The Vulnerability of Republicans
Not every Republican is the same. The leading candidates for the Republican nomination for president show the three very different constituencies that have gone into the GOP coalition.
Obviously, Mitt Romney is one face. He's the face of the business side of the party. Once upon a time, they might have been labeled the "country club Republicans," but that's not exactly accurate any more. It goes far, far beyond that.
Rick Santorum is another face. He's unabashedly evangelical Christian, driven by a moral imperative to lead the country in a way that he believes God wants.
And Ron Paul is the third face. Paul is a Libertarian, a pure, get-government-out-of-my-face-and-my-wallet type. He believes in individualism, rational thinking, and shutting down the Federal Reserve.
These three men are the top three candidates, at least in the early going. The trouble for the Republicans is that each of these candidates offers something to repel at least one of the other members of the Grand Old Party's grand coalition.
Romney is a Mormon. Years of anti-Mormon propaganda toward evangelicals have left many of them quietly wondering if he's really even a Christian. Can a true, self-proclaimed, Bible-believing Christian support a heretic like this?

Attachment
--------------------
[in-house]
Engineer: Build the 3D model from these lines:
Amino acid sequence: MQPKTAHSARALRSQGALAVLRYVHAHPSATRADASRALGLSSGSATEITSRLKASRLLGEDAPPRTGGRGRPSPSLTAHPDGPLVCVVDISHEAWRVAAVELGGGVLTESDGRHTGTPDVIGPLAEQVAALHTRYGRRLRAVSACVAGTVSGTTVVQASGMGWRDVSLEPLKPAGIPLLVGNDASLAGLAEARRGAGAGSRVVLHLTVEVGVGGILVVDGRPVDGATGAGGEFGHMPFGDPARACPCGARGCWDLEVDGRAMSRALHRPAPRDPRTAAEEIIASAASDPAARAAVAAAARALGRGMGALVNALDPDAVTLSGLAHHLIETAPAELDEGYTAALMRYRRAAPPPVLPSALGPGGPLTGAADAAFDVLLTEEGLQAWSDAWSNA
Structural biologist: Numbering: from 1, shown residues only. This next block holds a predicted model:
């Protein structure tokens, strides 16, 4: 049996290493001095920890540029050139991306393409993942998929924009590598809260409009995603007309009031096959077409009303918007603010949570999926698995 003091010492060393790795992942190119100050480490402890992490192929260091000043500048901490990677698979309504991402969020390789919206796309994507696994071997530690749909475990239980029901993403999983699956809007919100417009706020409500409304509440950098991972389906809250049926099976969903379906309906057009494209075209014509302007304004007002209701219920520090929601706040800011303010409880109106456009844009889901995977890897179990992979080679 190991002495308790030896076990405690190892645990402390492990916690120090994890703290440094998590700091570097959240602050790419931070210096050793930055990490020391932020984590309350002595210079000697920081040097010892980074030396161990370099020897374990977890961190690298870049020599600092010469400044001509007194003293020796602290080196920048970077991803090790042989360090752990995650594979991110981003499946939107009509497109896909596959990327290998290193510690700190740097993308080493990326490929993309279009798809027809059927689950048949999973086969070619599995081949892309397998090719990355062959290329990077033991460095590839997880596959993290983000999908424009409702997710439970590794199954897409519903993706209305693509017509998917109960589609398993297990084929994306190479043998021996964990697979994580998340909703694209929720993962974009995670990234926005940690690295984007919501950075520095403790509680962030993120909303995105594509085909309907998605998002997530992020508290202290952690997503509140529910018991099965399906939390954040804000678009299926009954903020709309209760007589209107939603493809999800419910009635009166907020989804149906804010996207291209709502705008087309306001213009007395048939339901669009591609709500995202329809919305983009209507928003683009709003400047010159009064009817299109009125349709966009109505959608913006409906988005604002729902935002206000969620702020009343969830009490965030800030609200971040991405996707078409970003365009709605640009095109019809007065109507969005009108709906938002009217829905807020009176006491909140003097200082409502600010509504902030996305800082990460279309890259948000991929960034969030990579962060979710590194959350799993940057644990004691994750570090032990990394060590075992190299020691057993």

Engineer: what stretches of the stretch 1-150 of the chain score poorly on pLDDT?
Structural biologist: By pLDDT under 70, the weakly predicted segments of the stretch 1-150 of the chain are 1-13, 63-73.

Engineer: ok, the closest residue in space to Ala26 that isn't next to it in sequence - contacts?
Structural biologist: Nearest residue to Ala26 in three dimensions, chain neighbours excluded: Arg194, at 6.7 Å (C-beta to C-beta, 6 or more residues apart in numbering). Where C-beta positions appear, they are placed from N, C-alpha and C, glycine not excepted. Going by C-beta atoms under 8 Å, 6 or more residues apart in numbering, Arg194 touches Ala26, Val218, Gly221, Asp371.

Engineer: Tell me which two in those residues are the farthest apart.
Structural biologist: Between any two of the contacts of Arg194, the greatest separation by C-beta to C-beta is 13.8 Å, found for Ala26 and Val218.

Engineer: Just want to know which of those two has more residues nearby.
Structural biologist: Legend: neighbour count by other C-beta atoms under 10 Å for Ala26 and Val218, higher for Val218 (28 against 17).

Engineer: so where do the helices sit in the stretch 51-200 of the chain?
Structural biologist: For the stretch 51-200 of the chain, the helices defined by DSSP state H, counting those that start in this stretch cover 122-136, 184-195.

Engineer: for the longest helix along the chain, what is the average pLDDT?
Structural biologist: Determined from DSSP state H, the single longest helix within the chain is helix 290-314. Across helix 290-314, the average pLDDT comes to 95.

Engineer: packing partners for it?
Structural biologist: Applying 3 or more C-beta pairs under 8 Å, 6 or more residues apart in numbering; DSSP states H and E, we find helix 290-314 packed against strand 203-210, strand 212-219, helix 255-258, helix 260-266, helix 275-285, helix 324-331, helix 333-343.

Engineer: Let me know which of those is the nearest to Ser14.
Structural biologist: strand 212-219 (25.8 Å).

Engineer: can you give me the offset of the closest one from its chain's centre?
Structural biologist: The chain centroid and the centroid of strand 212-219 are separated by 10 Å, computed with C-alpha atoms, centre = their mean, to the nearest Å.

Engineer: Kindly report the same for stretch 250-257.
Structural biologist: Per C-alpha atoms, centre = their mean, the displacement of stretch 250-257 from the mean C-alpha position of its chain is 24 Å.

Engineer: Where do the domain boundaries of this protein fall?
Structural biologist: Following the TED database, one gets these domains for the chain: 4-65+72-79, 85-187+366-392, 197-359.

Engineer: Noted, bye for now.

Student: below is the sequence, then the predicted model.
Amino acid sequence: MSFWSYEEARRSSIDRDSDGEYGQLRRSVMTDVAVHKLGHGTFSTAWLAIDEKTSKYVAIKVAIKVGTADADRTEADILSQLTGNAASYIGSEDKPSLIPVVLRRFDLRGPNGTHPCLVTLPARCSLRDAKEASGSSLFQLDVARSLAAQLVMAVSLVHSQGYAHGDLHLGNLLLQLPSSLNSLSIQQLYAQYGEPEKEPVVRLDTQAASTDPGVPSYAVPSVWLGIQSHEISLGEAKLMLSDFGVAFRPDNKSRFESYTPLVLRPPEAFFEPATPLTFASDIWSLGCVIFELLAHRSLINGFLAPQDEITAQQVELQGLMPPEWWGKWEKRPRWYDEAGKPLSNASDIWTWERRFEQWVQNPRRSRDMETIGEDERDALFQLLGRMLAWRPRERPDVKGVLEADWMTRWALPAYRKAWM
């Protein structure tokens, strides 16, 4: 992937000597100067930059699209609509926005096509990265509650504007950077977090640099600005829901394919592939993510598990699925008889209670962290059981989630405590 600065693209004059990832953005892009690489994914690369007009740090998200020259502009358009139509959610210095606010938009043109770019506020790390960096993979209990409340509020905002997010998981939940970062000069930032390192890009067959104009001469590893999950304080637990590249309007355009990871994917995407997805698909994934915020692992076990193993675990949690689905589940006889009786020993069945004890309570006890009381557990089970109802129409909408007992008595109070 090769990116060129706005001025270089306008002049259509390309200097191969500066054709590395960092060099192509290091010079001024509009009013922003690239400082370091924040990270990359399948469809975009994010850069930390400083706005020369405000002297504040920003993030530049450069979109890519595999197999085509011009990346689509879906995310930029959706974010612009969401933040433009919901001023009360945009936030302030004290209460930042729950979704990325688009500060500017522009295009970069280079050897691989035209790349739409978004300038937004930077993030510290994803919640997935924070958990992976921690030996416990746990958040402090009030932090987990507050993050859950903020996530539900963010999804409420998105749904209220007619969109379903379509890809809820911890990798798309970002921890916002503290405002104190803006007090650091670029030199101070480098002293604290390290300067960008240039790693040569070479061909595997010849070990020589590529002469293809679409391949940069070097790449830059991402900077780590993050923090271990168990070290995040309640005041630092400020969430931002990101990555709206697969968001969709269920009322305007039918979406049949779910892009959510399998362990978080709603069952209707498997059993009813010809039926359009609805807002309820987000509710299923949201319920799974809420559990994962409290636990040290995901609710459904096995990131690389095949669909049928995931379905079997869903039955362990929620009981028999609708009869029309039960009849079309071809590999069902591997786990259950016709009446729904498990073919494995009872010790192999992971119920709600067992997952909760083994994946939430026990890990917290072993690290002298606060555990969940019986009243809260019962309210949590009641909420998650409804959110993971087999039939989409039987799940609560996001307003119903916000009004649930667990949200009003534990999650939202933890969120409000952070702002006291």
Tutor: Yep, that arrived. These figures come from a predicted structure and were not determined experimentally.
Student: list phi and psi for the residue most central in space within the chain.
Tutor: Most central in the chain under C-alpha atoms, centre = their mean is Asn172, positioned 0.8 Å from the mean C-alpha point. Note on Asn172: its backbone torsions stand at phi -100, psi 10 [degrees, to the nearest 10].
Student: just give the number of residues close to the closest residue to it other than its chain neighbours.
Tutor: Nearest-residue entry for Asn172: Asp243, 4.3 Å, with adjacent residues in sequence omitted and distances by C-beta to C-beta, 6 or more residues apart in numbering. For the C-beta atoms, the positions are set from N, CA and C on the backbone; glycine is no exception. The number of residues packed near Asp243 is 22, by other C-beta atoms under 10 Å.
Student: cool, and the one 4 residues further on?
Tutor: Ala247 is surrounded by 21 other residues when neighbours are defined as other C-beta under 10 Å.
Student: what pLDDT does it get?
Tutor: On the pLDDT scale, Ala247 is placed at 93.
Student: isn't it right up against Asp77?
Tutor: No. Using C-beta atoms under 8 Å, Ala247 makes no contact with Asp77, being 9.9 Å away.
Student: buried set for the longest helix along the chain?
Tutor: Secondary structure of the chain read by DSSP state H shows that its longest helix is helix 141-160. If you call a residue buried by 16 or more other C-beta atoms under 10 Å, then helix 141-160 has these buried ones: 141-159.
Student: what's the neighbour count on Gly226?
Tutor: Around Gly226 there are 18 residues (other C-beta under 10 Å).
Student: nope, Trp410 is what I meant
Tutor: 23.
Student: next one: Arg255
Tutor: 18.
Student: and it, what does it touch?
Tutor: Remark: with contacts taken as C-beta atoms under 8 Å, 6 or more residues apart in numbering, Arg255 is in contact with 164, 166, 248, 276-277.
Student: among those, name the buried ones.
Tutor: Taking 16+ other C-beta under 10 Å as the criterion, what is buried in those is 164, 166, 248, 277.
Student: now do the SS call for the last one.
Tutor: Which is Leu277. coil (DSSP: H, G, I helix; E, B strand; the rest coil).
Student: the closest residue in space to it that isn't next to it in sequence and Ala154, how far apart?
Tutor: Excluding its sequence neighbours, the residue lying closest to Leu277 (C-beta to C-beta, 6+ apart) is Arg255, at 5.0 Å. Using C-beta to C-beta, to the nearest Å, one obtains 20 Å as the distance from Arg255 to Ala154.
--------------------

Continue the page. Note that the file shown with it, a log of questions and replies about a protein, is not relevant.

Santorum's avowed biblical basis for his campaign scares a lot of the libertarian types. It's not likely that someone who believes in rugged individualism, total personal freedom and the rationalism of man will submit meekly to someone promising a biblically-based presidency.
And Paul wants to shake things up. That might not be real good for business.
Can they reach consensus? Perhaps, but years of listening to people like Rush Limbaugh have convinced a lot of people that compromise is a dirty word.
This is not anything new: 1950s conservatives were accused of preferring to be right than to win.
The Republicans have an excellent chance of regaining the White House. President Obama is vulnerable. But the GOP needs to get every voter to the polls to do it, and if some of them would rather be right than vote for someone who doesn't match perfectly with their vision of being right, the Democrats will win.
Opinions expressed here are those of the author and do not necessarily reflect the views of Andy Rapp, Q-TV, Delta College, or PBS.